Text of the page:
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The major challenge of the cell cycle is to deliver an intact, and fully duplicated, genetic material to the daughter cells. To this end, progression of DNA synthesis is monitored by a feedback mechanism known as replication checkpoint that is untimely linked to DNA replication. This signaling pathway ensures coordination of DNA synthesis with cell cycle progression. Failure to activate this checkpoint in response to perturbation of DNA synthesis (replication stress) results in forced cell division leading to chromosome fragmentation, aneuploidy, and genomic instability. In this review, we will describe current knowledge of the molecular determinants of the DNA replication checkpoint in eukaryotic cells and discuss a model of activation of this signaling pathway crucial for maintenance of genomic stability. Full article
Open AccessReview The Molecular Basis of Retinal Dystrophies in Pakistan
Genes 2014, 5(1), 176-195; doi:10.3390/genes5010176
Received: 21 January 2014 / Revised: 14 February 2014 / Accepted: 14 February 2014 / Published: 11 March 2014
PDF Full-text (606 KB) | HTML Full-text | XML Full-text | Supplementary Files
Abstract
The customary consanguineous nuptials in Pakistan underlie the frequent occurrence of autosomal recessive inherited disorders, including retinal dystrophy (RD). In many studies, homozygosity mapping has been shown to be successful in mapping susceptibility loci for autosomal recessive inherited disease. RDs are the most
[...] Read more.
The customary consanguineous nuptials in Pakistan underlie the frequent occurrence of autosomal recessive inherited disorders, including retinal dystrophy (RD). In many studies, homozygosity mapping has been shown to be successful in mapping susceptibility loci for autosomal recessive inherited disease. RDs are the most frequent cause of inherited blindness worldwide. To date there is no comprehensive genetic overview of different RDs in Pakistan. In this review, genetic data of syndromic and non-syndromic RD families from Pakistan has been collected. Out of the 132 genes known to be involved in non-syndromic RD, 35 different genes have been reported to be mutated in families of Pakistani origin. In the Pakistani RD families 90% of the mutations causing non-syndromic RD and all mutations causing syndromic forms of the disease have not been reported in other populations. Based on the current inventory of all Pakistani RD-associated gene defects, a cost-efficient allele-specific analysis of 11 RD-associated variants is proposed, which may capture up to 35% of the genetic causes of retinal dystrophy in Pakistan. Full article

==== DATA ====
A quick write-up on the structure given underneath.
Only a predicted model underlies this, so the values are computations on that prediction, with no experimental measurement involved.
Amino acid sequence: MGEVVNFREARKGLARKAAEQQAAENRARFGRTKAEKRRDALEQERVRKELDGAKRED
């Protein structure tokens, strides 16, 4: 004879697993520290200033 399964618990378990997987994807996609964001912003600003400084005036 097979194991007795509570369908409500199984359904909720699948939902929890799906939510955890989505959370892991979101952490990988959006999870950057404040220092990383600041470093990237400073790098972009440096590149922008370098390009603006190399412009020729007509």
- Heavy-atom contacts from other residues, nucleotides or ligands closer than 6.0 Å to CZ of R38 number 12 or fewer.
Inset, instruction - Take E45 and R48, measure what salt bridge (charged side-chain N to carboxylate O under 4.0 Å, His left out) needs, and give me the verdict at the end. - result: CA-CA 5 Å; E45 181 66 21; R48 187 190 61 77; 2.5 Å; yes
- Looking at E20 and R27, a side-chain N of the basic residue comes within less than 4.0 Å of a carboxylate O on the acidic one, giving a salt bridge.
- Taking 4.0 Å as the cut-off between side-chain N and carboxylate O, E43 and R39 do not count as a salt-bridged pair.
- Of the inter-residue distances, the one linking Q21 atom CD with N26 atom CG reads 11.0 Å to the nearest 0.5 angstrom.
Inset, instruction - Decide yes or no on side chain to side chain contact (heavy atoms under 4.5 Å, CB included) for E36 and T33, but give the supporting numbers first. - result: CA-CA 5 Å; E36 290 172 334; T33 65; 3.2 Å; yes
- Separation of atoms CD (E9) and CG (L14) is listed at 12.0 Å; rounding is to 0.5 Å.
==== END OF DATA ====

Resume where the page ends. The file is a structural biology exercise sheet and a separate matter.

Open AccessReview Association Claims in the Sequencing Era
Genes 2014, 5(1), 196-213; doi:10.3390/genes5010196
Received: 26 December 2013 / Revised: 24 February 2014 / Accepted: 24 February 2014 / Published: 11 March 2014
Cited by 3 | PDF Full-text (356 KB) | HTML Full-text | XML Full-text
Abstract
Since the completion of the Human Genome Project, the field of human genetics has been in great flux, largely due to technological advances in studying DNA sequence variation. Although community-wide adoption of statistical standards was key to the success of genome-wide association studies,
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Since the completion of the Human Genome Project, the field of human genetics has been in great flux, largely due to technological advances in studying DNA sequence variation. Although community-wide adoption of statistical standards was key to the success of genome-wide association studies, similar standards have not yet been globally applied to the processing and interpretation of sequencing data. It has proven particularly challenging to pinpoint unequivocally disease variants in sequencing studies of polygenic traits. Here, we comment on a number of factors that may contribute to irreproducible claims of association in scientific literature and discuss possible steps that we can take towards cultural change. Full article
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Open AccessReview Genetic Profiling for Risk Reduction in Human Cardiovascular Disease
Genes 2014, 5(1), 214-234; doi:10.3390/genes5010214
Received: 16 January 2014 / Revised: 26 February 2014 / Accepted: 27 February 2014 / Published: 12 March 2014
Cited by 7 | PDF Full-text (712 KB) | HTML Full-text | XML Full-text
Abstract
Cardiovascular disease is a major health concern affecting over 80,000,000 people in the U.S. alone. Heart failure, cardiomyopathy, heart rhythm disorders, atherosclerosis and aneurysm formation have significant heritable contribution. Supported by familial aggregation and twin studies, these cardiovascular diseases are influenced by genetic
[...] Read more.